Body mass index (BMI), expressed as weight in kilograms divided by height in meters squared (kg/m2), is commonly used to classify overweight (BMI 25.0–29.9), obesity (BMI 30.0–39.9), and extreme obesity (BMI greater than or equal to 40.0) according to Centers for Disease Control and Prevention (CDC). [6] Among adults over age 20, about 21% are overweight, 42% obese, and 9.2% extremely obese according February 2020 CDC information.

Additionally, obesity contributes to COVID-19 morbidity and mortality. [7]  The prevalence of obesity is higher in the U.S. than other member countries of the Organization for Economic Cooperation and Development and may partially account for the increase in virulence of COVID-19 in America. [8] Additional consequences of obesity for all nations are profound loss of productivity, increased incidence of disease, and worse overall well-being. Most type-2 diabetes is the result of excess weight. Obesity negatively influences many diseases, and its comorbidity rates are high, with: 41% of uterine cancer; more than 10% of gall bladder, kidney, liver, and colon cancers; and 40% of cardiovascular disease.

U.S. BMI averages started upward in the 1960s. Sadly, most efforts to stop obesity have been ineffective. In fact, obesity has become the number one underlying cause of illness in America today, surpassing tobacco toxicity.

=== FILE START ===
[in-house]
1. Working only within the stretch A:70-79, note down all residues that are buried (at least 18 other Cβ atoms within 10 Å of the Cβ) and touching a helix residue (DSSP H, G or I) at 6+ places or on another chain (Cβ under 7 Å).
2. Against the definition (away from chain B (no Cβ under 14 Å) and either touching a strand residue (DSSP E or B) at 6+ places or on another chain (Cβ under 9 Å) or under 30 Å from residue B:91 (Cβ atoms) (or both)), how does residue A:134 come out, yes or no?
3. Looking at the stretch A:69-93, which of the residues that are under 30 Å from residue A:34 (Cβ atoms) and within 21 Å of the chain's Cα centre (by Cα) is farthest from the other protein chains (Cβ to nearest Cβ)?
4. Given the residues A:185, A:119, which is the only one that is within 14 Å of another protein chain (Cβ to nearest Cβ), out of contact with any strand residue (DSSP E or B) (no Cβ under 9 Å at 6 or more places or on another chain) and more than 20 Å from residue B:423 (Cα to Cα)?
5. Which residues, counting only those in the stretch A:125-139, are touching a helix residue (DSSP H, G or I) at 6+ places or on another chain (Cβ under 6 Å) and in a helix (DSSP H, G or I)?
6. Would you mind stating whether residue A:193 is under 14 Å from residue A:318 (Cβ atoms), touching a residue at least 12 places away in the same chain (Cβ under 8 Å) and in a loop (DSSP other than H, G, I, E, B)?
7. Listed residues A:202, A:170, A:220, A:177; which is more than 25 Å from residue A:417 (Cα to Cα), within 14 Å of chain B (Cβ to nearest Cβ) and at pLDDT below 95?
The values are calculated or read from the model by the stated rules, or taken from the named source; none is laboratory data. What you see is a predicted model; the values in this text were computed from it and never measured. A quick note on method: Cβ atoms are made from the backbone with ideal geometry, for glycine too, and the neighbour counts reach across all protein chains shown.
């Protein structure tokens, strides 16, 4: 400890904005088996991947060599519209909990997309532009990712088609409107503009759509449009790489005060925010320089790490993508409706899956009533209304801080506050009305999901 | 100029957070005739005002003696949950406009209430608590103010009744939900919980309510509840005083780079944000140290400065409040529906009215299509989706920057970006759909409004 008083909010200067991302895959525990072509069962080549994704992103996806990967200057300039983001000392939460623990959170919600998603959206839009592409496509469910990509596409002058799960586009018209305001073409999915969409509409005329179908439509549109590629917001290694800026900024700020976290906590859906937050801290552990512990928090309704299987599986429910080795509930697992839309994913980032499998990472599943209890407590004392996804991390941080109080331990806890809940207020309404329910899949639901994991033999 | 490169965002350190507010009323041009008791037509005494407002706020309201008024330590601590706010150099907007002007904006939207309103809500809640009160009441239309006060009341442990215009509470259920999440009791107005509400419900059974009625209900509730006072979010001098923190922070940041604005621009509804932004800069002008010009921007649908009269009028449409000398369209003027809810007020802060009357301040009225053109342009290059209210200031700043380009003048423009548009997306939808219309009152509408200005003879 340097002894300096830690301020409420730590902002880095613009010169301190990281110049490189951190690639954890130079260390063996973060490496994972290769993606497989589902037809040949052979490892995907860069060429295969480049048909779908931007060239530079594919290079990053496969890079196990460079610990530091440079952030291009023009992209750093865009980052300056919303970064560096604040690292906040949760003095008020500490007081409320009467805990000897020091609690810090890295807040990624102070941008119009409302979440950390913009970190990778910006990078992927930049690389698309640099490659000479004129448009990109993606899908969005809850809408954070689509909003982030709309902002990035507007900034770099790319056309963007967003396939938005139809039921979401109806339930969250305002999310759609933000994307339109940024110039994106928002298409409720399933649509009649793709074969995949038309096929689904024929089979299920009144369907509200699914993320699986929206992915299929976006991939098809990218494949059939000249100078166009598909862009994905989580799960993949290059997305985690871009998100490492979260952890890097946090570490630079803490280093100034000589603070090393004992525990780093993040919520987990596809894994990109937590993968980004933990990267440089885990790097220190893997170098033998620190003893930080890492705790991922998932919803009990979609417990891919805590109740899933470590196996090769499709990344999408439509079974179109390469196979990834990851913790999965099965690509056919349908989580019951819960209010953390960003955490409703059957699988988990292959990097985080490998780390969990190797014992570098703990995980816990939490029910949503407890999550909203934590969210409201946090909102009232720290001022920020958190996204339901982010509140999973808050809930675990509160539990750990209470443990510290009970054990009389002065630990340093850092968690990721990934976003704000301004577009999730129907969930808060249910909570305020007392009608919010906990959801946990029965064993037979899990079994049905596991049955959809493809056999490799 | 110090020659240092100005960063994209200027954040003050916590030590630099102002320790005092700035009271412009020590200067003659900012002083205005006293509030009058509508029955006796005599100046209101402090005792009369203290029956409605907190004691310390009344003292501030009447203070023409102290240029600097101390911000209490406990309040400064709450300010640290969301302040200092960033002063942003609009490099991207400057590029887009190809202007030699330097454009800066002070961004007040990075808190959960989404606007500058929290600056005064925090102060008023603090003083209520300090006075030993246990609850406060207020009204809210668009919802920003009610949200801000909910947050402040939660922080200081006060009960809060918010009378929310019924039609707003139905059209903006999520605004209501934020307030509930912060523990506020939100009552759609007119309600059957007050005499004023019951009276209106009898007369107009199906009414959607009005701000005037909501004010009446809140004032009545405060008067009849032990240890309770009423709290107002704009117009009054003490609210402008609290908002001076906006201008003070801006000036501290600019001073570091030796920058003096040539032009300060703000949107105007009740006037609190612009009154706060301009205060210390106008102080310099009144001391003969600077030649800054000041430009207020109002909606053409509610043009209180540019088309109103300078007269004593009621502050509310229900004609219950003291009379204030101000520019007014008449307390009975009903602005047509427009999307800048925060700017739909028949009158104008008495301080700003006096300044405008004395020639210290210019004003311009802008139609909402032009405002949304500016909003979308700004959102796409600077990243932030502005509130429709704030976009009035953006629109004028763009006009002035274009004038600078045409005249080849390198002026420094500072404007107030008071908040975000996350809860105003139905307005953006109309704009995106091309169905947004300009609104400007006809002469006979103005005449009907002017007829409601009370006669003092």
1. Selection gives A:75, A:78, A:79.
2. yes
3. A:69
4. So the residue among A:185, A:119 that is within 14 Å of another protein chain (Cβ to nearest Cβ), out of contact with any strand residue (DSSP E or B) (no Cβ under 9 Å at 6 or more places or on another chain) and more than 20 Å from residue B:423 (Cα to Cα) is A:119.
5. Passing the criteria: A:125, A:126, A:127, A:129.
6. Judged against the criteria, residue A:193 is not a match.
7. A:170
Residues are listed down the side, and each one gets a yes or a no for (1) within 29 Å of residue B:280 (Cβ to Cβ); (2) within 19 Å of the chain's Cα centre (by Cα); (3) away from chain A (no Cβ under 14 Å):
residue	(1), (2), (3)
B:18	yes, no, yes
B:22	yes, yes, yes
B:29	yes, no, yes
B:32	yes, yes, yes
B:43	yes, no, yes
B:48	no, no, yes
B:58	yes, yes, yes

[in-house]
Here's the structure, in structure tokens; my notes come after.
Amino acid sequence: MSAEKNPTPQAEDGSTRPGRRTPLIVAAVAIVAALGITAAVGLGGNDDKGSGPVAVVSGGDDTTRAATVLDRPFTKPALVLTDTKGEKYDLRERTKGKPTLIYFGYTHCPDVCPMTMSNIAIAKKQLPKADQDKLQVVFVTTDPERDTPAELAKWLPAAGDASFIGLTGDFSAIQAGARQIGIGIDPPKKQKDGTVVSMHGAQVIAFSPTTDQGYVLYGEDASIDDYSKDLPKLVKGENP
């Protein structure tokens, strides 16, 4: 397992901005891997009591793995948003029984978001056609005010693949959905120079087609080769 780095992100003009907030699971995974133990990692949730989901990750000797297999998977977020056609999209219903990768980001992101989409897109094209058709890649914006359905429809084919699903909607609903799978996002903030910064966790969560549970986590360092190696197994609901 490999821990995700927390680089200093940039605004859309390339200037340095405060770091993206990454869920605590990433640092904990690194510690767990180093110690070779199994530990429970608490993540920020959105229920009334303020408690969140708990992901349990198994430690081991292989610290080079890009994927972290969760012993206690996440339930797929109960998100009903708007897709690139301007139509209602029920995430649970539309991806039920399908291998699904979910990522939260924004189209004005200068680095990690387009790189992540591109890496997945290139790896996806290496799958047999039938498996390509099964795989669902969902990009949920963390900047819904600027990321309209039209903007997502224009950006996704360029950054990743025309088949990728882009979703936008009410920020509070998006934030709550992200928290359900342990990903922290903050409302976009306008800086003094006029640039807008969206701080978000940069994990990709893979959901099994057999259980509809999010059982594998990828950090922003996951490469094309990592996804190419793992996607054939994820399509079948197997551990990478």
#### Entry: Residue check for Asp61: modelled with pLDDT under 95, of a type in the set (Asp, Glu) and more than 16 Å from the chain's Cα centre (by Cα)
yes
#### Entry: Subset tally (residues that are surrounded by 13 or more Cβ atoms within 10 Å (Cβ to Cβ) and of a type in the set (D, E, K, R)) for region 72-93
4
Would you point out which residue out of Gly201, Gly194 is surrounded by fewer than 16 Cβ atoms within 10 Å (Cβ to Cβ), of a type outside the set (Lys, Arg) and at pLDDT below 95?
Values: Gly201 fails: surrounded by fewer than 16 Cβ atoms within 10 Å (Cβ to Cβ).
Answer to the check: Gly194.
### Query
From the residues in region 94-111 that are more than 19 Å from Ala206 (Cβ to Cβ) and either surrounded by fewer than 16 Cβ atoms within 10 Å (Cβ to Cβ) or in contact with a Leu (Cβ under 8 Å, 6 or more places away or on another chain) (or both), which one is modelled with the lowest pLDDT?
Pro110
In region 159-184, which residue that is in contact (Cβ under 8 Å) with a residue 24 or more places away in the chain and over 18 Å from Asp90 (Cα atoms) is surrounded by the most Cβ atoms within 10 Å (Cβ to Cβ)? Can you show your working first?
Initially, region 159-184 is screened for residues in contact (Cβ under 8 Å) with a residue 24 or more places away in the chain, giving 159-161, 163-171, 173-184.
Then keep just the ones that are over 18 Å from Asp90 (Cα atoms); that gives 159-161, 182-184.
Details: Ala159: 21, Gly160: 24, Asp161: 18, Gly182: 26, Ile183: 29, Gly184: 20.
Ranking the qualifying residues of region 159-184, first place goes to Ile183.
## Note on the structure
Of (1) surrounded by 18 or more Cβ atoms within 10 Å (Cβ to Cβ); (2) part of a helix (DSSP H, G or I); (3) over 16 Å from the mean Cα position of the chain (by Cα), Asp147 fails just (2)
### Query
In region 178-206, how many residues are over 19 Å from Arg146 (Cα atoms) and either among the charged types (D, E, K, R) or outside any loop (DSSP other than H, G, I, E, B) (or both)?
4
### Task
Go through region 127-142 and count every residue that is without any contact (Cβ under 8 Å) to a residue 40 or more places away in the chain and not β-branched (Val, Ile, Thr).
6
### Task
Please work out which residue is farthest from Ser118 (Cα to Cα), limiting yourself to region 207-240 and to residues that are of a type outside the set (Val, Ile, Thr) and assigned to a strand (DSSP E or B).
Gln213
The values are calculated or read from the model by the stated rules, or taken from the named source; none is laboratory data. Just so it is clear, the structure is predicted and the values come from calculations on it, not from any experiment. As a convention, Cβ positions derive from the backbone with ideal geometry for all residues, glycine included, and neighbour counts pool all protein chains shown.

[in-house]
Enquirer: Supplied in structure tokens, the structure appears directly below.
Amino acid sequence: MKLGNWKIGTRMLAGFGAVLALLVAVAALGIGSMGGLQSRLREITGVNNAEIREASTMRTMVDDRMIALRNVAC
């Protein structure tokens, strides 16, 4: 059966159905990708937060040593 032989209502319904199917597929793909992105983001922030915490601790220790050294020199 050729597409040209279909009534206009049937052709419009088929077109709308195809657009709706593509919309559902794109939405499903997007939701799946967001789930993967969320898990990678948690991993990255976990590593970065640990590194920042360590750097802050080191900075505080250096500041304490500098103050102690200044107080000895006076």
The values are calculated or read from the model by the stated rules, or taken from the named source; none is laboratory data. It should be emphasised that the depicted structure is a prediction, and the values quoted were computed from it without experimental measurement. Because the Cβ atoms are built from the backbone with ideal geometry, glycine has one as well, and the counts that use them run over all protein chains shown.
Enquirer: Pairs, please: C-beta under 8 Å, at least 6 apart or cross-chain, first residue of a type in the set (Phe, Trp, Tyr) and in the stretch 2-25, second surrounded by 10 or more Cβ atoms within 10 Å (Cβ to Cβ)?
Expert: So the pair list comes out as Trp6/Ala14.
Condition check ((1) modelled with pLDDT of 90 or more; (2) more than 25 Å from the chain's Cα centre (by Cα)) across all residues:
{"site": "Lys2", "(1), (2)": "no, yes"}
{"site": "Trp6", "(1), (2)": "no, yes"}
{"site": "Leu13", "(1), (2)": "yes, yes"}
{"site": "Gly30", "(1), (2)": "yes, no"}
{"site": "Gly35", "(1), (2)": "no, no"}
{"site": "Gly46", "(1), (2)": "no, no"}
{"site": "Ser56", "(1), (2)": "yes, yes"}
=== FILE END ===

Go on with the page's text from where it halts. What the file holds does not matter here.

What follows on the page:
Prevention of childhood and adolescent obesity has been successful in Blue Zones Project (BZP) communities with a recent example in Southwest Florida. Elementary students in this region added an average of 2.5 hours per week of physical activity before, during, and after school. Collier County is the only one of sixty-seven counties in Florida to see adolescent obesity rates decline in both middle and high schools.

Disproportionate Suffering

“Underserved populations are disproportionately affected by obesity, food insecurity, and catastrophic weather events in the United States, for example, and they would benefit from coordinated efforts addressing these issues,” stated a recent NEJM Perspective. [9] Racial and ethnic disparities persistently affect the most disadvantaged more severely. Of the 25 counties with the greatest food insecurity, only four—all in Kentucky—are majority white according to a recent National Geographic article addressing hunger. [10]

Poorer people also have higher levels of obesity. [11] The correlation stays true for income level and economic output per capita. A swath of states across the deep south has the highest rates of obesity and tobacco use. Obesity is also associated with unhappiness. One cannot say that happy people eat less food or unhappy people eat more, but the correlation holds true even without defined casualty.

Why Hunger and Obesity Coexist

Data from 3,139 counties showed a strong correlation among poverty, obesity, sedentariness, and diabetes. In low-income regions, people are both obese and hungry. The above-referenced Diabetes journal article doesn’t specifically break out impoverished, socioeconomically distressed counties, but food access and hunger persist in them. [12]